Hummingbirds have been dancing around my yard this summer, lured by plants including Goldflame Honeysuckle, Penstemons (Red Rocks and Pike’s Peak), Coral Bells, Butterfly Bush and brightly colored annuals such as Verbena, Salvia and Geranium. Red Birds in a Tree was irresistible to them last year, but sadly did not return this year (any suggestions for getting this perennial to reliably come back year after year?). Agastache and Bee Balms are among other highly prized nectar sources. The Hummingbird Society offers this list of recommended plant families.
Hummers are guided to nectar sources by color – they have no sense of smell – they rely on their keen vision to spot plants or the common red bird feeder filled with sugar-water. Bright hues, especially red, orange and purple, which can be seen from distances of 30’ to 50’ in the air, signal that a good meal awaits. Tubular flowers allow hummers to hover near the bloom and lick nectar with their forked, fringed tongues. As with other pollinators, swaths of the same plant make for effective grazing and a succession of season long blooms encourages return visits. Avoidance of pesticides, a good source of water and shrubs or trees for perching and nesting also make an inviting habitat.
According to the University of California-Davis School of Veterinary Medicine, a hummingbird’s wing beat ranges from 720-5400 times per minute when hovering and they have been clocked in flight at 33+ miles per hour! On average, a hummer weighs less than a nickel and consumes about twice its weight in nectar, spiders and insects daily. Their metabolism is 100 times faster than an elephant’s, requiring them to busily visit 1,000 to 2,000 flowers daily. They can fly in rain and are the only bird that fly backwards. The distinctive humming sound is made by the wings in flight and actually sounds more like a whistle to me.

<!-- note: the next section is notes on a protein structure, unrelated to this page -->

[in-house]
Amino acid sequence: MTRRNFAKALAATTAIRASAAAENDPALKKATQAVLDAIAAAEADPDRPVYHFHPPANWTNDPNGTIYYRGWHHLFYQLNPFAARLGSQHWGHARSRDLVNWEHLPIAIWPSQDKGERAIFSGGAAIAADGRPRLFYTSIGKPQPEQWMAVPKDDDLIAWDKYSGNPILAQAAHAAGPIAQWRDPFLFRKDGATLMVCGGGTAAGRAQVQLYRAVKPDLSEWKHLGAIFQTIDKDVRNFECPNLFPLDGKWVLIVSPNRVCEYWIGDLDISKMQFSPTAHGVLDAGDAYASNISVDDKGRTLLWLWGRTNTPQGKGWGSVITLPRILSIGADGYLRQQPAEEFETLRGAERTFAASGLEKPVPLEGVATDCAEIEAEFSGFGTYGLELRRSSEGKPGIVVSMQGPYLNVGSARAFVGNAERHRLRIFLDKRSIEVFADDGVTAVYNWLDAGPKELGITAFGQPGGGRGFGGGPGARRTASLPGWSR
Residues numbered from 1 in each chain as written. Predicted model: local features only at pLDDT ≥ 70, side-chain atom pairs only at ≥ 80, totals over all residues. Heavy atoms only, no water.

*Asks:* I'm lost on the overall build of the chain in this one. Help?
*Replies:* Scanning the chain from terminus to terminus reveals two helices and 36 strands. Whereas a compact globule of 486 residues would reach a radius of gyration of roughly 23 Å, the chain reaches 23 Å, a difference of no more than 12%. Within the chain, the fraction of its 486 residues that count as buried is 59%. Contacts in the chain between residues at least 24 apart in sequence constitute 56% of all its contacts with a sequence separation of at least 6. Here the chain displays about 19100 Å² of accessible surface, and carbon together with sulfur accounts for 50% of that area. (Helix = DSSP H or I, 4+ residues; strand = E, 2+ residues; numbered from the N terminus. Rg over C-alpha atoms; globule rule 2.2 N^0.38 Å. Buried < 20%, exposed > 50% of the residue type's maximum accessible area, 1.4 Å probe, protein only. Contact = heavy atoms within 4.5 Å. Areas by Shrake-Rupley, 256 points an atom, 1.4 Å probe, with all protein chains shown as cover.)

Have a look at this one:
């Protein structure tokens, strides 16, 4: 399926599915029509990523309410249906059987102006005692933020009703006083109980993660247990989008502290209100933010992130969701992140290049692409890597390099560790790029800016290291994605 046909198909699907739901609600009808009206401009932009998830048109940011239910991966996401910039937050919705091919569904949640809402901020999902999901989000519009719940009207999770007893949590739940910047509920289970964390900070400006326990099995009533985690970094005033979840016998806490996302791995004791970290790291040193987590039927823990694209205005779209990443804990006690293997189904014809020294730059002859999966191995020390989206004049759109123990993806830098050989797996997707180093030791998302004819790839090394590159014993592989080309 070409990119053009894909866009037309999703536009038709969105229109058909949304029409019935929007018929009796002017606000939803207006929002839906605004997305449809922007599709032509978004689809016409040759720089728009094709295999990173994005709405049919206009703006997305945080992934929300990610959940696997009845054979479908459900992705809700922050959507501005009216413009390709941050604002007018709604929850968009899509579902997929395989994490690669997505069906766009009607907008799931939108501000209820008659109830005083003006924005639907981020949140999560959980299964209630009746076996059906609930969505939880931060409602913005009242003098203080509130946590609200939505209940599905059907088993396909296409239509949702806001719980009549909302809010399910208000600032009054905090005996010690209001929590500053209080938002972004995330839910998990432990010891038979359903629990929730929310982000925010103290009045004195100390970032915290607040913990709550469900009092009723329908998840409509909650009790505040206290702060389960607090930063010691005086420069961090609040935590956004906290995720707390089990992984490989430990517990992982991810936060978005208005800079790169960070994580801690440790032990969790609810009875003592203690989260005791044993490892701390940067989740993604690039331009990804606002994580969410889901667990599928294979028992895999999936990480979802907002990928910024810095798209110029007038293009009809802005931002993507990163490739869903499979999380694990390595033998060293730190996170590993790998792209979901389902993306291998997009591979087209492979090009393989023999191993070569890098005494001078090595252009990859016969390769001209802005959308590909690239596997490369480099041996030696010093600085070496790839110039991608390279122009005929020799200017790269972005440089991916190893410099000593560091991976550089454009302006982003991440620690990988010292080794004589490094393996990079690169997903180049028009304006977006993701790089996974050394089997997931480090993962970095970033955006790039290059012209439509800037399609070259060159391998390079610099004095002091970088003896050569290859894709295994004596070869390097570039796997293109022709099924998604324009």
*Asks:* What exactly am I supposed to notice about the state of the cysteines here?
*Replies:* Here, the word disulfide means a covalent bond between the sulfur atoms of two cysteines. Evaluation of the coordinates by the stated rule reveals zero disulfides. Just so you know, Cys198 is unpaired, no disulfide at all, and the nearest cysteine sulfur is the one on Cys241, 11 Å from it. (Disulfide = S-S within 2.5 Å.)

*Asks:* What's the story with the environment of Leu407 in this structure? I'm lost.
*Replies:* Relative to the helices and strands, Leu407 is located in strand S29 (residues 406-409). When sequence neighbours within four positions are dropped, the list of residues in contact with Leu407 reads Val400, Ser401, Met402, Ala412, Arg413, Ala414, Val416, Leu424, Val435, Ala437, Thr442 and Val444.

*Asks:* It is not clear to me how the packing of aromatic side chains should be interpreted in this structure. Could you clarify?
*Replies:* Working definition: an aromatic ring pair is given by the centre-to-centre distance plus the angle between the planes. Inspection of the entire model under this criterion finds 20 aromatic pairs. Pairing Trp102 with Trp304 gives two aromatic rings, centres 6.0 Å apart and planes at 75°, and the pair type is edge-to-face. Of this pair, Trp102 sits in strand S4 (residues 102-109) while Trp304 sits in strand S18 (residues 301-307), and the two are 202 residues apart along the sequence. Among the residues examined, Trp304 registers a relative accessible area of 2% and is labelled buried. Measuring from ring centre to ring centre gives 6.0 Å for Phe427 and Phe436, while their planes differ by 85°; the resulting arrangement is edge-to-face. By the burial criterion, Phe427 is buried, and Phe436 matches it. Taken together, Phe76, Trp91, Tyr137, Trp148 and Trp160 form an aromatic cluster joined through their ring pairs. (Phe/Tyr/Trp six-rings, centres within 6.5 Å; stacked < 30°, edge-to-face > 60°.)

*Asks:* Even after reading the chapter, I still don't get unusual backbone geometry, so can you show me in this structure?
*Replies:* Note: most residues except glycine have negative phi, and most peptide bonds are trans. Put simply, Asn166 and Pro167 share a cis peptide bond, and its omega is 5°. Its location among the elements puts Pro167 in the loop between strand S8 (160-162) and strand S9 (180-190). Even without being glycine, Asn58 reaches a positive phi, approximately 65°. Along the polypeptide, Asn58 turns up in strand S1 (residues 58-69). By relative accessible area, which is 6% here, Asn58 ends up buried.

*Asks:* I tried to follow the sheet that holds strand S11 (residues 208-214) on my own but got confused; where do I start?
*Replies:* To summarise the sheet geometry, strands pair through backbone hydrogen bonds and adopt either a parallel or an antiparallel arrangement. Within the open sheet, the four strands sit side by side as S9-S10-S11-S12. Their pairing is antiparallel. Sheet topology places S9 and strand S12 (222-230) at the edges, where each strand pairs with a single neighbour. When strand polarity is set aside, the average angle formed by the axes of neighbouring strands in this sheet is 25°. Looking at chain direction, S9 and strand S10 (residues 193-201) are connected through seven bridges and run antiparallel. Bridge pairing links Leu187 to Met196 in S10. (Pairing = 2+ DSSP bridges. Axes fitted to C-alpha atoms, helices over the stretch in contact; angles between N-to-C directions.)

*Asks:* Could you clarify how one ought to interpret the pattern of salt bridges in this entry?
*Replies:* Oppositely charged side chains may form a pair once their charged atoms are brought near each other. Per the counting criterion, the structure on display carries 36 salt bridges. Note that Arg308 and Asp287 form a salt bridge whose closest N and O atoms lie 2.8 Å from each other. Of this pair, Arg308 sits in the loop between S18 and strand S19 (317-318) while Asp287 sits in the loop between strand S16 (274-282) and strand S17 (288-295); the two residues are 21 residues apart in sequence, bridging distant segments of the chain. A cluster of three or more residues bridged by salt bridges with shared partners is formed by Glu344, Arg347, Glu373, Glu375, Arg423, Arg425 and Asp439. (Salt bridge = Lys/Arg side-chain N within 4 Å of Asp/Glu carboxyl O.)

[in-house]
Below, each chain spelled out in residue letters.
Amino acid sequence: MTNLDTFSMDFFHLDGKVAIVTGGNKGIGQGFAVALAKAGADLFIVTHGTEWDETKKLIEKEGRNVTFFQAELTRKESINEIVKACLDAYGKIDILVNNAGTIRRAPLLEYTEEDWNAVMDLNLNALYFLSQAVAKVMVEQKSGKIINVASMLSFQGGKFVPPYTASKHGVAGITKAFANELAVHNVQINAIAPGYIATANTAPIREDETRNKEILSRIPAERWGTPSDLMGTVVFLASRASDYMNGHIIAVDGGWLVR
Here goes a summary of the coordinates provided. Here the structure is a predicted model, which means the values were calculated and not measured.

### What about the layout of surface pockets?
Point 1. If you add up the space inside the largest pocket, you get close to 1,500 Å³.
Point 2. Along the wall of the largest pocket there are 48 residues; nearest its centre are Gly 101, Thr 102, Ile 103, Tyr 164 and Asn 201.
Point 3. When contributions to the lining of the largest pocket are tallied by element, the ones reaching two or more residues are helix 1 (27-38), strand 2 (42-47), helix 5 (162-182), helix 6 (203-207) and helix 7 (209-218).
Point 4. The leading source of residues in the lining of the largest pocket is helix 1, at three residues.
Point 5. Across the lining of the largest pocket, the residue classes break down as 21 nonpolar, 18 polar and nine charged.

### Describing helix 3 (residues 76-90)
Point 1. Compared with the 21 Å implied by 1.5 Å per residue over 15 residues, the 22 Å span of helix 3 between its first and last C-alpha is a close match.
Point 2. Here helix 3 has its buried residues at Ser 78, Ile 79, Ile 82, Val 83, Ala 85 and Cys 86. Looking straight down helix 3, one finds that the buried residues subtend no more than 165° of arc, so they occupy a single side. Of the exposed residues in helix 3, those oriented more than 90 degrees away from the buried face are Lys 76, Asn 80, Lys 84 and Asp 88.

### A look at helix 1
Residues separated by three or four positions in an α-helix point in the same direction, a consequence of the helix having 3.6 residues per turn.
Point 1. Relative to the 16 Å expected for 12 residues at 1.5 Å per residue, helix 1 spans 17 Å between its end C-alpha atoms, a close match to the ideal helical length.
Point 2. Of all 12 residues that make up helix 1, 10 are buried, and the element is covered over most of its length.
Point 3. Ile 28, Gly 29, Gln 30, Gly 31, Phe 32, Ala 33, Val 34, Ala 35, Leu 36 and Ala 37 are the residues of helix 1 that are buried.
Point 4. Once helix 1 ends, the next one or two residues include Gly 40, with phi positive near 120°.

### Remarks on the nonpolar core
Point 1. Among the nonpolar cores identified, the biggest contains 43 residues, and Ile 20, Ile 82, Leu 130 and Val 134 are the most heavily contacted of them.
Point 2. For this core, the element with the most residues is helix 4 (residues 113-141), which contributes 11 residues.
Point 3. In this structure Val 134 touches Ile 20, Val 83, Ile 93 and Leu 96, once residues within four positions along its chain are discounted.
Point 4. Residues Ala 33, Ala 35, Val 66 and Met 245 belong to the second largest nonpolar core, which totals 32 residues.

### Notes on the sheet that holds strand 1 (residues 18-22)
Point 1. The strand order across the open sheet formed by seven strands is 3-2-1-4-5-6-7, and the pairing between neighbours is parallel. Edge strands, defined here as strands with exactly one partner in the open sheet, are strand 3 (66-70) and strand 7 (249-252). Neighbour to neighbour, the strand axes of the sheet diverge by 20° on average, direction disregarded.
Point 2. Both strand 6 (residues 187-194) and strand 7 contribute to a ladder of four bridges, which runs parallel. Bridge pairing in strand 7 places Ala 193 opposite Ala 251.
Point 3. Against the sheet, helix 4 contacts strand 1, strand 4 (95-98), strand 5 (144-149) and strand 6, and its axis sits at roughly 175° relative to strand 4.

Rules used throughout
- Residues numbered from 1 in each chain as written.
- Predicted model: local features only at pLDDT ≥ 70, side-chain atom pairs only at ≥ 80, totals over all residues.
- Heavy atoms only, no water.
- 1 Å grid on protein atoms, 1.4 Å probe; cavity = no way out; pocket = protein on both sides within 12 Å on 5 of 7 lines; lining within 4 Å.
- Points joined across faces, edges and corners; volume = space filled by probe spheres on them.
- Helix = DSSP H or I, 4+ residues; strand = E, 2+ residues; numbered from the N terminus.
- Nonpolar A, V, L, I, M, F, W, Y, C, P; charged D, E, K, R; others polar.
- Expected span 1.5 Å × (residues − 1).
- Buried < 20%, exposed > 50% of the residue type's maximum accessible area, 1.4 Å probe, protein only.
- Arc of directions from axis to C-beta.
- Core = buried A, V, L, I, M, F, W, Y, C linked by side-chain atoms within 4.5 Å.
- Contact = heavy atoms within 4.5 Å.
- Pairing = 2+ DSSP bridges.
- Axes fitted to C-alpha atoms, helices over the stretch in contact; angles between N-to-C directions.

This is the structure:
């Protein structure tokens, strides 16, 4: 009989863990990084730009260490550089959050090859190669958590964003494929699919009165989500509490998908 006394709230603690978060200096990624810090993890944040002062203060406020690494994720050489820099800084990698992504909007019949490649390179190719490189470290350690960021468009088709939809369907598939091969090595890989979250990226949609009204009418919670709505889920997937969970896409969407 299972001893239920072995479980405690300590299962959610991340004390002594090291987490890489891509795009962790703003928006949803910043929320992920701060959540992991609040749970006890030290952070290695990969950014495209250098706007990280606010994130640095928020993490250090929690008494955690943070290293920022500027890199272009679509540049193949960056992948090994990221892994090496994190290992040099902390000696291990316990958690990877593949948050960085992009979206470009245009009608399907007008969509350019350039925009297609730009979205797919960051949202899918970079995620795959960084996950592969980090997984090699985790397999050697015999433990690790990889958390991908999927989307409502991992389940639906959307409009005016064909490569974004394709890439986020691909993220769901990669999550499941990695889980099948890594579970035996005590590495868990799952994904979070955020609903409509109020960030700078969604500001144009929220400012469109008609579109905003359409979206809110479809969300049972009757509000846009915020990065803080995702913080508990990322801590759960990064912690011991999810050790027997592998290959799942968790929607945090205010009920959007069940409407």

Several varieties of hummingbirds have been identified in Colorado, with the most common being the broad-tail. The Audubon Society has established a citizen science program, Hummingbirds at Home, to chronicle sightings and learn more about food sources. If you’d like to contribute observations, it’s easy to get started here.
These aerial acrobats will be around till September when they start their journey back to Mexico, with the promise of return next spring. If you don’t already enjoy hummingbirds in your yard, consider adding some plants to lure them in – and encourage your neighbors to do the same to create a larger, more inviting haven for these birds. You won’t regret it.
Written and photographed by Linda McDonnell, a Denver County Master Gardener